Ah. By "classical" I was thinking "before the 20th century". Does it not appear then? I don't mean with Planck's constant of course, just an equation of the same form but with different physical constants. I thought it might also represent some kind of wave.
I don't know of any use of the Klein-Gordon equation before Klein & Gordon. (If one existed, the equation would probably carry a different name).

On the other hand, classical in physics means ''not quantum''.
For example, general relativity is a classical field theory, although it wasn't considered before the 20th century.

## What are the postulates of QFT?

The postulates of QFT (Quantum Field Theory) are a set of fundamental principles that form the basis of this theoretical framework for understanding the behavior of particles at the quantum level.

## What is the first postulate of QFT?

The first postulate of QFT states that physical systems are described by quantum fields, which are mathematical objects that exist throughout space and time. These fields are operators that act on a quantum state to produce observable quantities.

## What is the second postulate of QFT?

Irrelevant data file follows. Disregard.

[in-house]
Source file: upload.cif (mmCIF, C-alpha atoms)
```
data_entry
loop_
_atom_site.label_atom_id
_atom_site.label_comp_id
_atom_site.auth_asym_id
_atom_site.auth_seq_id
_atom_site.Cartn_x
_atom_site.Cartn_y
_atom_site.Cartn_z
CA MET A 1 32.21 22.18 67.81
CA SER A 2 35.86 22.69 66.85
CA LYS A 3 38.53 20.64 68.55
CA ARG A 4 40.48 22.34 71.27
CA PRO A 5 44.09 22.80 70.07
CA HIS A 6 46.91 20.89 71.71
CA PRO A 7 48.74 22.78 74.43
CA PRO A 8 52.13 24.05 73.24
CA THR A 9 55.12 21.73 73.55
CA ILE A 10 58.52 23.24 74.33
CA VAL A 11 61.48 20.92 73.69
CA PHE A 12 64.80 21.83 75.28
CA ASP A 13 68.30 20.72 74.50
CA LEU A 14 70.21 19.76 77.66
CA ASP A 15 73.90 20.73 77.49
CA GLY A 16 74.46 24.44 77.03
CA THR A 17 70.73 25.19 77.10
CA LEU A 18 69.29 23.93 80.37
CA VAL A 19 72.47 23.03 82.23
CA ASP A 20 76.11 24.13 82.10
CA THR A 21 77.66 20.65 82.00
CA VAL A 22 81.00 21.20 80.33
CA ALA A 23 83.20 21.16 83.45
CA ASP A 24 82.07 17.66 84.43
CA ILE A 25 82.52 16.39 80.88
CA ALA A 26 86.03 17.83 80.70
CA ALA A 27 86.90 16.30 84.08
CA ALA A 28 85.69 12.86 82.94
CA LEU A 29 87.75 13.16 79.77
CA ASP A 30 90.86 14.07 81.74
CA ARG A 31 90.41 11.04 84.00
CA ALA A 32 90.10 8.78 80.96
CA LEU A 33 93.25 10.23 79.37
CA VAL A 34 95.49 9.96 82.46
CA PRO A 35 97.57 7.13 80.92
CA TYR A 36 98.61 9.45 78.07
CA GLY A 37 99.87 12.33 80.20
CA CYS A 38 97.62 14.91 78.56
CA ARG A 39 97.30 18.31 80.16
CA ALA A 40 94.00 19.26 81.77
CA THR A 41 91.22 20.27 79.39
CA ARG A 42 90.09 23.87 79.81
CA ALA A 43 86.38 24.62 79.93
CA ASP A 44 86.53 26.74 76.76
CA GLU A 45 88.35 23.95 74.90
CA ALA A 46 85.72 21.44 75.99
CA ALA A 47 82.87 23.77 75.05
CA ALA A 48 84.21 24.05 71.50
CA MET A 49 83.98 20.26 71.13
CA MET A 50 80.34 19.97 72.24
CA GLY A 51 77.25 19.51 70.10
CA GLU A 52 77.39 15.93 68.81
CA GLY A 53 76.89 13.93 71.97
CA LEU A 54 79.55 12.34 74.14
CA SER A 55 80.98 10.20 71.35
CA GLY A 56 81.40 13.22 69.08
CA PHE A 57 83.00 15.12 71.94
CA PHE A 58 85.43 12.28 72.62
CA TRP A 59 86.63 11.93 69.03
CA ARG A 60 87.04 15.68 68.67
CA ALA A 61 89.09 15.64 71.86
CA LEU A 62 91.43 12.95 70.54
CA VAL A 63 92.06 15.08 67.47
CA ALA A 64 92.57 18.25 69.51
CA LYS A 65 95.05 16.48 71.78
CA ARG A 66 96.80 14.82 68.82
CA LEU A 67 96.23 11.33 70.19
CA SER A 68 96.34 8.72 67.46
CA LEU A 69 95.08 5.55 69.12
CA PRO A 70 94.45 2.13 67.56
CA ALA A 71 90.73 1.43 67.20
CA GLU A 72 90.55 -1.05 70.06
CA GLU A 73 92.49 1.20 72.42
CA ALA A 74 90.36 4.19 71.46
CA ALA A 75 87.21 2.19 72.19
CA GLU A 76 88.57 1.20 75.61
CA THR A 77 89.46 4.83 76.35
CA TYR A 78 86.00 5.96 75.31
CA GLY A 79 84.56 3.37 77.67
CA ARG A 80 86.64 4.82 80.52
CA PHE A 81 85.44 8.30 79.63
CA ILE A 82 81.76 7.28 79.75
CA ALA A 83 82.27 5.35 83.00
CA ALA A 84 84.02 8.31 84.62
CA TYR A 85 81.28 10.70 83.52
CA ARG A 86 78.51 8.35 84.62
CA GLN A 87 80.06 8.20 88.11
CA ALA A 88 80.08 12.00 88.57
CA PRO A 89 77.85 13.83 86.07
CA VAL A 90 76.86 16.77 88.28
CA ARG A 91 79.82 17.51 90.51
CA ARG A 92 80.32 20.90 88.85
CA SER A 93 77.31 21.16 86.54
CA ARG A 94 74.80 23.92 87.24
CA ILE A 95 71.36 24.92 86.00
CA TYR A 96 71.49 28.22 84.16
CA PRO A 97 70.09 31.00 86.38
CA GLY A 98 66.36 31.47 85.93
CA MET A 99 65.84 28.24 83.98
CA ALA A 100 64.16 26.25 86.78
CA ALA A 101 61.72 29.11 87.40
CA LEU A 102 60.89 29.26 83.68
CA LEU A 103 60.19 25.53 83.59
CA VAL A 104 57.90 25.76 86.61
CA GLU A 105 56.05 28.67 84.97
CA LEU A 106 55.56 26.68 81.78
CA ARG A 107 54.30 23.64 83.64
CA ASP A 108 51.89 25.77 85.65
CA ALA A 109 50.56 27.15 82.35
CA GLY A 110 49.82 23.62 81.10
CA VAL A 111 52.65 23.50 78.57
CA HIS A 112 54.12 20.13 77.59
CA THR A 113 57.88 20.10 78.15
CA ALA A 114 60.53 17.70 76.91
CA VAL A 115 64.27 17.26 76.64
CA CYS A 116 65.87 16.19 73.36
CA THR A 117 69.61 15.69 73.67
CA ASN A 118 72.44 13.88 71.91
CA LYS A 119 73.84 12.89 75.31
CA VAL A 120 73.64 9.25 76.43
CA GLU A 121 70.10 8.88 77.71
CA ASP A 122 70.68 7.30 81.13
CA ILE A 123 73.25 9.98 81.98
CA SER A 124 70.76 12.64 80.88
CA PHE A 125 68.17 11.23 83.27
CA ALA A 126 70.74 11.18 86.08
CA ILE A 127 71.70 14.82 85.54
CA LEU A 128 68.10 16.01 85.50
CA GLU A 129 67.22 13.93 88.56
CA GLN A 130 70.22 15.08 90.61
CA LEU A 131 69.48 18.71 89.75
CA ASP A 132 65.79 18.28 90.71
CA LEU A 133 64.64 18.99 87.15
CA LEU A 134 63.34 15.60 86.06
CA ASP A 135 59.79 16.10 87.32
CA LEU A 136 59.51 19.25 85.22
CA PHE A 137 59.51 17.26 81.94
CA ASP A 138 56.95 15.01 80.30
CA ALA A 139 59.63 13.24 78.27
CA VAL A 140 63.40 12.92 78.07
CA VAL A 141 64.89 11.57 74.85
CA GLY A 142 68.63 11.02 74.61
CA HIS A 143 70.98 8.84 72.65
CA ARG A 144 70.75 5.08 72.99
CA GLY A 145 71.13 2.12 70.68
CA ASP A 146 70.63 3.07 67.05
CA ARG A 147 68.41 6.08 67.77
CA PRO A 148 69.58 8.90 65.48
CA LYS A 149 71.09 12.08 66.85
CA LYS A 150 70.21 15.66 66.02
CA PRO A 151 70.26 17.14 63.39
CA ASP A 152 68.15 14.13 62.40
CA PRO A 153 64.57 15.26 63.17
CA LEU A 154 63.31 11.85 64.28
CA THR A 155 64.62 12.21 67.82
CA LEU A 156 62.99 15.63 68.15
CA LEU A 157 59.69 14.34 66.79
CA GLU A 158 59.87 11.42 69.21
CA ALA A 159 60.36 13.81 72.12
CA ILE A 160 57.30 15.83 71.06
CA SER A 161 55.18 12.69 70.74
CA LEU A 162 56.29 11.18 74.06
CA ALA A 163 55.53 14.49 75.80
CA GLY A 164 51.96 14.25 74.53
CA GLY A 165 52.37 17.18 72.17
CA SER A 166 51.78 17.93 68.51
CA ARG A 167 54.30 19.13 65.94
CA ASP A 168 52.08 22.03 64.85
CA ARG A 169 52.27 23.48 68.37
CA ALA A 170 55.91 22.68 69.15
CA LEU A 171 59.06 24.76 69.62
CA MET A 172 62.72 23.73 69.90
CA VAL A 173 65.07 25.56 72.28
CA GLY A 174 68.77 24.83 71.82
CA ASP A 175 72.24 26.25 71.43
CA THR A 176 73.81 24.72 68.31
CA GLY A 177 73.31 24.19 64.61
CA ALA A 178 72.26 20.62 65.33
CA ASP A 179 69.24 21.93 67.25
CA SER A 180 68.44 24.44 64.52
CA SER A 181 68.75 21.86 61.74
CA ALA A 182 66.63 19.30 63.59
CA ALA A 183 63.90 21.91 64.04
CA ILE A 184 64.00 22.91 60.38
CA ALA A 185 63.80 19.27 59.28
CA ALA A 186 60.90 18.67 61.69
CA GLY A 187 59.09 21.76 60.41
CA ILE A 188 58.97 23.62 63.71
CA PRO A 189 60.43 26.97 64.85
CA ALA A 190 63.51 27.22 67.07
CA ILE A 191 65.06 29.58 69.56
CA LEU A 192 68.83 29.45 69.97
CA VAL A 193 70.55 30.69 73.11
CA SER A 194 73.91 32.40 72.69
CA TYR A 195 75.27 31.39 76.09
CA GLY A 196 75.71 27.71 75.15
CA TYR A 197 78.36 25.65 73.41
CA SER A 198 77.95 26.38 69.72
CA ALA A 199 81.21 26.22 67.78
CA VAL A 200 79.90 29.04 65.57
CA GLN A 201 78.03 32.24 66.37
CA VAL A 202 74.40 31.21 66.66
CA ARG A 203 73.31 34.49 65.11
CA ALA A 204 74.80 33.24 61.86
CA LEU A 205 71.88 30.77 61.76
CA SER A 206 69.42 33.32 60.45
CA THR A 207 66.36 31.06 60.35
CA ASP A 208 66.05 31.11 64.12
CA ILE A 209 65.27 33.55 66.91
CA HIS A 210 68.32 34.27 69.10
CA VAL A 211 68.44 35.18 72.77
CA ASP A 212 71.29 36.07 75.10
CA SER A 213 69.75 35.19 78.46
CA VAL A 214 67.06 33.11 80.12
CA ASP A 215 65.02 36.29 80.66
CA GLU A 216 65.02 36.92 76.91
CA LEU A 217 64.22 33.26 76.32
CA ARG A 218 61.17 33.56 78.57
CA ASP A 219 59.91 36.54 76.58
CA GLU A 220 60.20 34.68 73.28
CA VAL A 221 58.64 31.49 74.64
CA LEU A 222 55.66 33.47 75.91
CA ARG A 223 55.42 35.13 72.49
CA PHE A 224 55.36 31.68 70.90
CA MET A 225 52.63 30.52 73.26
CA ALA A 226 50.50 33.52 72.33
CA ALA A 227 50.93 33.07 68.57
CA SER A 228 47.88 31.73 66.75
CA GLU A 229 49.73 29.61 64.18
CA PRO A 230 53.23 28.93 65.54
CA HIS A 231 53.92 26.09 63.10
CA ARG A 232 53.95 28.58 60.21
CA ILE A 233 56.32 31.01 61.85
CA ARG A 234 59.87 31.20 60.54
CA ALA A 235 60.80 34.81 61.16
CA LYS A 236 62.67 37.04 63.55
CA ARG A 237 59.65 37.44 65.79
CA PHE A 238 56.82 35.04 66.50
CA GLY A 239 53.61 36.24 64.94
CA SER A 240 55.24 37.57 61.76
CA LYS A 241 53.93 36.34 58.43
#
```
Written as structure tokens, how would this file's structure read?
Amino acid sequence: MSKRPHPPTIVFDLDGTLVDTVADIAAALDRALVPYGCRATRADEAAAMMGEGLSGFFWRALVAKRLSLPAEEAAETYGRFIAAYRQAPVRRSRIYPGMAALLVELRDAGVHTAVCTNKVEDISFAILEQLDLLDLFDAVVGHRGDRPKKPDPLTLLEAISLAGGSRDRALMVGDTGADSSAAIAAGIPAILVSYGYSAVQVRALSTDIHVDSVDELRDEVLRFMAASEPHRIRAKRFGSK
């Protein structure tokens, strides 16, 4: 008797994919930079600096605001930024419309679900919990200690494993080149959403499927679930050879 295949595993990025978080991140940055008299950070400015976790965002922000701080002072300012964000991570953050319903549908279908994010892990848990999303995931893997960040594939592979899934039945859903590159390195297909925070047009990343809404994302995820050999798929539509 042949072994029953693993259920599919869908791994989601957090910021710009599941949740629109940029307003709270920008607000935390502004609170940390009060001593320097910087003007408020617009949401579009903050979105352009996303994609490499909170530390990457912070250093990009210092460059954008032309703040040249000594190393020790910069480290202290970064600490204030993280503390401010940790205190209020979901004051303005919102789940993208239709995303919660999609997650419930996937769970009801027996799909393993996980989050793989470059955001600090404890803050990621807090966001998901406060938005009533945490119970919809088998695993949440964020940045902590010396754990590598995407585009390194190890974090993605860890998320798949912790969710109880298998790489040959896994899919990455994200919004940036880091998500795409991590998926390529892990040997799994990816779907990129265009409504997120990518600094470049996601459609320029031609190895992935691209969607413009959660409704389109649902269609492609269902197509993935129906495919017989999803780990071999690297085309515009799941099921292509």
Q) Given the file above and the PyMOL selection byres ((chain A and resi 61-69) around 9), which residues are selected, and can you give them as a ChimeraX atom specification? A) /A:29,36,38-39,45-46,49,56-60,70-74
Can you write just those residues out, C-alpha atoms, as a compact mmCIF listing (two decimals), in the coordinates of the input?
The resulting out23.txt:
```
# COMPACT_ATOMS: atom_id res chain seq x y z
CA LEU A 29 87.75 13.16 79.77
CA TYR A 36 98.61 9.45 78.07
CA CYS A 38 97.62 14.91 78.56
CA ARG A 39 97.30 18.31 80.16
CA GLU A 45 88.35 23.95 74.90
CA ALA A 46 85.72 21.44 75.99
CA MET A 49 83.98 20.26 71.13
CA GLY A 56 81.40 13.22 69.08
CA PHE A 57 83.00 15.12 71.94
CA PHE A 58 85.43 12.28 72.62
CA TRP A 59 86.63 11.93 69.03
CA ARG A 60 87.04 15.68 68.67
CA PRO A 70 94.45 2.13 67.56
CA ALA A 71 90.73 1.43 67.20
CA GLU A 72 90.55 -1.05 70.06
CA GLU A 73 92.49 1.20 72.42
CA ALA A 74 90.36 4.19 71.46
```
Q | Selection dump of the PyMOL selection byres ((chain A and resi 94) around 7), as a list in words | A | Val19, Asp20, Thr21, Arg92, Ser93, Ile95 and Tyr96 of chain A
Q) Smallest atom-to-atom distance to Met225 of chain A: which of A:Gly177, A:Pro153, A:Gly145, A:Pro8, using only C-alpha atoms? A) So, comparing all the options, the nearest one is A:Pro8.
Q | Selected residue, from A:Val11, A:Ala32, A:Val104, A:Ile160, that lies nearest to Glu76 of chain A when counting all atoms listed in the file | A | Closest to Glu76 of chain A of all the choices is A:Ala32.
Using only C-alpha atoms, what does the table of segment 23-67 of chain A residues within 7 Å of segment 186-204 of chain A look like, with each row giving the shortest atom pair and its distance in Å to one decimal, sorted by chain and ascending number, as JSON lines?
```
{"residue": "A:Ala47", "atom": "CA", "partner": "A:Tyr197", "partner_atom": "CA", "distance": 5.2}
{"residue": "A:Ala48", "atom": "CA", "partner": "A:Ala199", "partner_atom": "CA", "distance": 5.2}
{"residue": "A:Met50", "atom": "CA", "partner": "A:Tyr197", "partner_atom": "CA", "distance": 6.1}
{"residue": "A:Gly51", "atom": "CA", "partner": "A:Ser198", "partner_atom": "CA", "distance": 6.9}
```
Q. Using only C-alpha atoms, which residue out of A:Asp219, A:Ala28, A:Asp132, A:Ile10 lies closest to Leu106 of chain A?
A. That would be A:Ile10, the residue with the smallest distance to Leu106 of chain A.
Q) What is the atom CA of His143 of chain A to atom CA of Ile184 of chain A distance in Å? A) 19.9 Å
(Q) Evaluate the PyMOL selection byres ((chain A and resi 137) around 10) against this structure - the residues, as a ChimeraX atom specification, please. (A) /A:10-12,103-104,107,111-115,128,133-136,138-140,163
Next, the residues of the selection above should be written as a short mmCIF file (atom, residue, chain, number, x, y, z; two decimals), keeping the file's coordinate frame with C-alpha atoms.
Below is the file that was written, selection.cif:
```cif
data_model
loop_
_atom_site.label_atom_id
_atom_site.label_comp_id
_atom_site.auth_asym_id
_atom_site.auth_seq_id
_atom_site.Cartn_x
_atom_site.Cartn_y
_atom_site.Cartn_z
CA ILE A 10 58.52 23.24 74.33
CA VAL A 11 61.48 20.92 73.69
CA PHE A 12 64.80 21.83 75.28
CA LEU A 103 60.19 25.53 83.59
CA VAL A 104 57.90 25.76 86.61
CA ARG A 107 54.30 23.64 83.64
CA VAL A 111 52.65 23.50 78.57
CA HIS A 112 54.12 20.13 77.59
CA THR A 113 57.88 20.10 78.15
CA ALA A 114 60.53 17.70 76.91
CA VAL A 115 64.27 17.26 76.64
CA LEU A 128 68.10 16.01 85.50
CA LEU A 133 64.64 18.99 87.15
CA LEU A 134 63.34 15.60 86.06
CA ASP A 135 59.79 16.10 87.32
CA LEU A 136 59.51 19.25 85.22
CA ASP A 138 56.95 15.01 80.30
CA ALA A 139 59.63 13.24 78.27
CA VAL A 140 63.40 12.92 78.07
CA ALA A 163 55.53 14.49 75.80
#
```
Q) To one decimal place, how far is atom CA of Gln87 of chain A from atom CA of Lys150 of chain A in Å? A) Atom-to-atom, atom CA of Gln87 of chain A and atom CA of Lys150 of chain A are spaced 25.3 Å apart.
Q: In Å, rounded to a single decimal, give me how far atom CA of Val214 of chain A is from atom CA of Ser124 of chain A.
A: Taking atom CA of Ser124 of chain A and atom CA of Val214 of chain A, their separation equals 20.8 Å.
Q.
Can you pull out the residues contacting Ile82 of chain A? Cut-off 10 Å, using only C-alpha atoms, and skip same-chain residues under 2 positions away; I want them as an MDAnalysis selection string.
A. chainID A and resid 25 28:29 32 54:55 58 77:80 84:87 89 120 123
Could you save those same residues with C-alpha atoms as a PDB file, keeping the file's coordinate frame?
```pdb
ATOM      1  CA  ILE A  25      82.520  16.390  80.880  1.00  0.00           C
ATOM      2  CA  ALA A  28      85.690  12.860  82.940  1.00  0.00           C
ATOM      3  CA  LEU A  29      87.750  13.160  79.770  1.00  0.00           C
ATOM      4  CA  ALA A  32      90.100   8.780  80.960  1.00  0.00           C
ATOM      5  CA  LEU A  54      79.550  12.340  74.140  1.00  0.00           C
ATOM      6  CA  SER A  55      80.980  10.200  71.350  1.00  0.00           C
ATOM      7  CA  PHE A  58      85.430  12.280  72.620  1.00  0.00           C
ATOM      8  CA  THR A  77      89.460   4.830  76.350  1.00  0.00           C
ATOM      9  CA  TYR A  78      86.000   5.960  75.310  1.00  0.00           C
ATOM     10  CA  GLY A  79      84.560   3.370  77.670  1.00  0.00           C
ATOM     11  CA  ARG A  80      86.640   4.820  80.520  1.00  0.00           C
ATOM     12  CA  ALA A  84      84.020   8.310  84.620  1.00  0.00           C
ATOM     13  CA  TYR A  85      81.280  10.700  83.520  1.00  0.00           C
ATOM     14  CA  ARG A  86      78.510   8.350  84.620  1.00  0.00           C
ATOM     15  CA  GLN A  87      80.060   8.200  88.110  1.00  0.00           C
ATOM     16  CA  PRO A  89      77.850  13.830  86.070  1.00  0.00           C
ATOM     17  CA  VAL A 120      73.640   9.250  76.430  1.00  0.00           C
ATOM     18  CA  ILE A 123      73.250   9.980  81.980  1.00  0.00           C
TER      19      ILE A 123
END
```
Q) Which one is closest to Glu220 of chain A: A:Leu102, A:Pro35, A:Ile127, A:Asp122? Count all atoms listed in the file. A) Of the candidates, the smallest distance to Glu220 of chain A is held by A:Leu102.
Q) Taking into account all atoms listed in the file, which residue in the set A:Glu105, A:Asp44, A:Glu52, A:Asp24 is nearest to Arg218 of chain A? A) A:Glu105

The second postulate of QFT is the principle of superposition, which states that a quantum state can exist in a combination of multiple states simultaneously. This allows for the concept of particles and antiparticles, which can be created or destroyed through the interaction of fields.

## What is the third postulate of QFT?

The third postulate of QFT is the principle of locality, which states that interactions between particles can only occur at a single point in space and time. This is in contrast to classical physics, where interactions can occur over a distance.

## What is the fourth postulate of QFT?

The fourth postulate of QFT is the principle of gauge invariance, which states that the laws of physics should be independent of the choice of gauge (a mathematical representation of a physical system). This postulate is essential for the consistency of QFT and has led to the development of the Standard Model of particle physics.

## What is the fifth postulate of QFT?

The fifth postulate of QFT is the principle of renormalization, which states that certain infinite quantities that arise in QFT calculations can be eliminated through a process of rescaling. This allows for the prediction of physical quantities with finite and meaningful results.